Date of Conferral
Dr. Elizabeth Thompson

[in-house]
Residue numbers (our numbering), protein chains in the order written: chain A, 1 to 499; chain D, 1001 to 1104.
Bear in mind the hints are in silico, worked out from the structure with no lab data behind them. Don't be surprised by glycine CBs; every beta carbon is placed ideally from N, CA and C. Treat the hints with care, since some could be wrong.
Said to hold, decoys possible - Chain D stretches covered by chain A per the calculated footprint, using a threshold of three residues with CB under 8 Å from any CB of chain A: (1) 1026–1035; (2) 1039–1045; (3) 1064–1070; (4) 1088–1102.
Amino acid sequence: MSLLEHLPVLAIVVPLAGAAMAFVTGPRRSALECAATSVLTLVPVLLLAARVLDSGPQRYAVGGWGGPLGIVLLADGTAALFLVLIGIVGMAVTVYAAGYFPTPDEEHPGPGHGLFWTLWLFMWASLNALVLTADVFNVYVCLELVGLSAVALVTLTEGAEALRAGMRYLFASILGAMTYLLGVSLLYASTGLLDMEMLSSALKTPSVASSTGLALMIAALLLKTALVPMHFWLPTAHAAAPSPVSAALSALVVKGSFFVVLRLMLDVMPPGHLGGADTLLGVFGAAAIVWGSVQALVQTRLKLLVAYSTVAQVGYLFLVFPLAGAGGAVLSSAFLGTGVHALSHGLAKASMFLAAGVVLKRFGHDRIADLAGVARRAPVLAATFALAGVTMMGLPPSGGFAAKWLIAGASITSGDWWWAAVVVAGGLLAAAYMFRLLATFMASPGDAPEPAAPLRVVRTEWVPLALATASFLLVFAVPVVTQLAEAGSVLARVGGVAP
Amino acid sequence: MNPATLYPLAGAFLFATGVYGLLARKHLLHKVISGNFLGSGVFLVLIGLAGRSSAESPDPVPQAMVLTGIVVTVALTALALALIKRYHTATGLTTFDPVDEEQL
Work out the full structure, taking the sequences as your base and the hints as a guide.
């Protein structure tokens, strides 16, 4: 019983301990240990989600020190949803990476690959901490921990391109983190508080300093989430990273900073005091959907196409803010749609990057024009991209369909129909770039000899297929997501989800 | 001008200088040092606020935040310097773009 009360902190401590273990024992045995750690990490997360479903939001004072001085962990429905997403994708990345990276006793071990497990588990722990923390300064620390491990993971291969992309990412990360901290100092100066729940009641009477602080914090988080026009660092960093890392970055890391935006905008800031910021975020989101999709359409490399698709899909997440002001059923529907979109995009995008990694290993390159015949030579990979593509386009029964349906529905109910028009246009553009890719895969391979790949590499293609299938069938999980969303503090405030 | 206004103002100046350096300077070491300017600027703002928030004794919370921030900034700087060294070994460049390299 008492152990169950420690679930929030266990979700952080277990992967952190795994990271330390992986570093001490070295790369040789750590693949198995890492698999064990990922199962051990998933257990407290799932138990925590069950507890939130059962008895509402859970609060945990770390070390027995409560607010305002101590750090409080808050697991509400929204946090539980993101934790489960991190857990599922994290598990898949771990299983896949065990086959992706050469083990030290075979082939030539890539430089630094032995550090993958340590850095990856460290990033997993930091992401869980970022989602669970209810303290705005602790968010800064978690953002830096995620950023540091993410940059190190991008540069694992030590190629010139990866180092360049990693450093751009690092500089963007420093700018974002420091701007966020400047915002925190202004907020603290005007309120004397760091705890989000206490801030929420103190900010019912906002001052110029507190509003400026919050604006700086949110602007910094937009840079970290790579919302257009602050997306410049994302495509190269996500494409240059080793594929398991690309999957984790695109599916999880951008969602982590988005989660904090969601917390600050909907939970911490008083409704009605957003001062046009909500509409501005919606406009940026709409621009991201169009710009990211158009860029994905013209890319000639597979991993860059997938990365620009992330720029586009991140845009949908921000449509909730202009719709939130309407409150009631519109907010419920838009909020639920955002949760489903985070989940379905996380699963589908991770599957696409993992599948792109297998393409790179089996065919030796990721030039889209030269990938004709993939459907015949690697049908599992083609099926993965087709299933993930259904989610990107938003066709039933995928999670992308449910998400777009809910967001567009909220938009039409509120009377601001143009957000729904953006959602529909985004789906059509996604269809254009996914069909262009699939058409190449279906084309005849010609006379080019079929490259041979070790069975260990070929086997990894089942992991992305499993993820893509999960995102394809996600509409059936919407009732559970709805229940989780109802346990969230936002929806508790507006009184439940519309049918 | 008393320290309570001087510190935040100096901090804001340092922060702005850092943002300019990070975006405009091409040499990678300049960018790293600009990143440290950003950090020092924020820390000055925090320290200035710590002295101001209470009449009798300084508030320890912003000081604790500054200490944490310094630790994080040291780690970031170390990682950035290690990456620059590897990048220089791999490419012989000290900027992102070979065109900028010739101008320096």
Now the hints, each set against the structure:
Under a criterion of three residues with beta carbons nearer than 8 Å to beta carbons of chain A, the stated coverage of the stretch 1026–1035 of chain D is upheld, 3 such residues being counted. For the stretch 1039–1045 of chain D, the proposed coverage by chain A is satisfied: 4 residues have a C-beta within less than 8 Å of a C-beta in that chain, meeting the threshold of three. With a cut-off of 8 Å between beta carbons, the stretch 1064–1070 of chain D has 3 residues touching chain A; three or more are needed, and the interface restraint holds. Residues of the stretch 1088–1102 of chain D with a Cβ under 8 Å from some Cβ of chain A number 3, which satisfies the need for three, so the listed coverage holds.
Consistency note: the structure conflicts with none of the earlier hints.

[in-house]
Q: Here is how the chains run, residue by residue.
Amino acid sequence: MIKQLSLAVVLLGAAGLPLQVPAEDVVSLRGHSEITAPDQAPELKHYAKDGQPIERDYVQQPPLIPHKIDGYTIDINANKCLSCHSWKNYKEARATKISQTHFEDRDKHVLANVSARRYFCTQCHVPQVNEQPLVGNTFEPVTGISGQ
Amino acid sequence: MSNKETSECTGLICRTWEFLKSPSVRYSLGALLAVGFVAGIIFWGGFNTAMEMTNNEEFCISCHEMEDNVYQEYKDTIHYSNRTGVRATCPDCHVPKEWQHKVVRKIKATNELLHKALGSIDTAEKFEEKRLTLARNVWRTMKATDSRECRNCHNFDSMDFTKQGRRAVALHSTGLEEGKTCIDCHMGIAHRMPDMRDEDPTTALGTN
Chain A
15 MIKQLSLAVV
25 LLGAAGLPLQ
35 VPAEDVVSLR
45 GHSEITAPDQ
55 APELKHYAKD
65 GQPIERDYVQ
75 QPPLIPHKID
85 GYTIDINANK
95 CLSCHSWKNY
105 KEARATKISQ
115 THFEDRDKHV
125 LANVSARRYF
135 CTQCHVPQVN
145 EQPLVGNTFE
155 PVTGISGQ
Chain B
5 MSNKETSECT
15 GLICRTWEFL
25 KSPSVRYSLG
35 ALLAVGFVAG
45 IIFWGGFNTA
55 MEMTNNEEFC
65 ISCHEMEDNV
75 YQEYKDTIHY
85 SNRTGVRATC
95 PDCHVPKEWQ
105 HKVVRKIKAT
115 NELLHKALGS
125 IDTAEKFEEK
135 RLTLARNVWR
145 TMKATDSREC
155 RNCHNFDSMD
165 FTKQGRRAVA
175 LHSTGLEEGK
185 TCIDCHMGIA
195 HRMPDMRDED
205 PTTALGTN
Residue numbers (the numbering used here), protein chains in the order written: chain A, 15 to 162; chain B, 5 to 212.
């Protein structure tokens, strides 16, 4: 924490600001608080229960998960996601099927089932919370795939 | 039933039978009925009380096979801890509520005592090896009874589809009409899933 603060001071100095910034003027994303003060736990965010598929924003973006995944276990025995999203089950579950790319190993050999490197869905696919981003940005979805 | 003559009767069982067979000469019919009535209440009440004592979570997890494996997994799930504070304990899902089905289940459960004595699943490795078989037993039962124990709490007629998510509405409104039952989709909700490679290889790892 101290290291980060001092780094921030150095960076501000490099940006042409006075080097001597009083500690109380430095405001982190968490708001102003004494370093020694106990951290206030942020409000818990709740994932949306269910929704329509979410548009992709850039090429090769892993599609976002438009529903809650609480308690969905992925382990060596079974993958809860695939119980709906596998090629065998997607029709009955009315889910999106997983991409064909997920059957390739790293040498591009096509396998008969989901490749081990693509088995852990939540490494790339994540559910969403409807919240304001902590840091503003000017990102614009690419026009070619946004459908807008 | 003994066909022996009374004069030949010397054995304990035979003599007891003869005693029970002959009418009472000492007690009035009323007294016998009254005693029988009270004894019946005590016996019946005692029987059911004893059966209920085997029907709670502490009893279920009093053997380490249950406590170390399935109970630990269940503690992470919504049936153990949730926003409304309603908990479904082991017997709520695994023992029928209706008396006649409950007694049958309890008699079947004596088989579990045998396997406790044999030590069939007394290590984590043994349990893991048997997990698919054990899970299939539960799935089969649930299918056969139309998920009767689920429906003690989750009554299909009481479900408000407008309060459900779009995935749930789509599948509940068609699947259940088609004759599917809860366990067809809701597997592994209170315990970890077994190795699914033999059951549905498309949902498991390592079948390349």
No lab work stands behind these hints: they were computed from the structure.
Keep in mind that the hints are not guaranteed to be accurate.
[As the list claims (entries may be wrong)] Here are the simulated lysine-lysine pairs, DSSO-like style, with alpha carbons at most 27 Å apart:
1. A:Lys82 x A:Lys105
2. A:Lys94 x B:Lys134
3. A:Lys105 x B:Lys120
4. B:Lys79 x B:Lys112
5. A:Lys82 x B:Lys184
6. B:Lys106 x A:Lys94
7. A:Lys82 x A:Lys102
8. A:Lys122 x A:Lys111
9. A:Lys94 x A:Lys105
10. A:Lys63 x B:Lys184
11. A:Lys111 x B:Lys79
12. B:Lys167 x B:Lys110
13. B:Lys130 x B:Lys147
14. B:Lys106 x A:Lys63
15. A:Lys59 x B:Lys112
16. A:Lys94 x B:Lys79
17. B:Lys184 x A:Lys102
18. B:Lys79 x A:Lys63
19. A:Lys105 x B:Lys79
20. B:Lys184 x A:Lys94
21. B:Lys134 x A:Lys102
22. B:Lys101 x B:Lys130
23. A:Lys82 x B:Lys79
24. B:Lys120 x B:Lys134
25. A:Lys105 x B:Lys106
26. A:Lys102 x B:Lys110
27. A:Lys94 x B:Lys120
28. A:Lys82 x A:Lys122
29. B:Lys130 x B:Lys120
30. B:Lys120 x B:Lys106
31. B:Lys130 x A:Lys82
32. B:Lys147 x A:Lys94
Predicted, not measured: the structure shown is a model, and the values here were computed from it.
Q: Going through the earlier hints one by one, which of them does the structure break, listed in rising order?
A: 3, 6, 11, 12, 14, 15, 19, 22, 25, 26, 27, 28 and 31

Black entrepreneurs in the state of Texas reported that they did not achieve the same level of success as nonminority enterprises. Many Black entrepreneurs have obtained education from top tier institutions and have the managerial experiences, skills, and working knowledge that facilitate business success, but they are not able to sustain business growth. The purpose of this phenomenological study was to explore the lived experiences of Black Texan entrepreneurs. This research was established using the conceptual framework of human capital. The overarching research question concerned the lived experiences of Black Texas entrepreneurs who were not as successful in business as their counterparts. Data were collected in the form of semistructured face-to-face interviews with 14 Black participants, using the African American Chamber of Commerce to facilitate networking among Black entrepreneurs. NVivo 11 software was used for data codification and thematic reduction. Emergent themes included (a) feeling good about being in business, (b) resourcefulness in business, (c) network advertising systems, (d) education, (e) having alternative plans if business closes, (f) feeling independent, and (g) activeness in business. The implications for positive social change include the potential for advising researchers on barriers confronted by Black entrepreneurs and potential steps to overcome those barriers. Additionally, scholars have recognized the need for greater understanding of how businesses are structured and managed by Black business-owners because this knowledge is vital to creating business prosperity for Black entrepreneurs who have dreams of becoming business owners.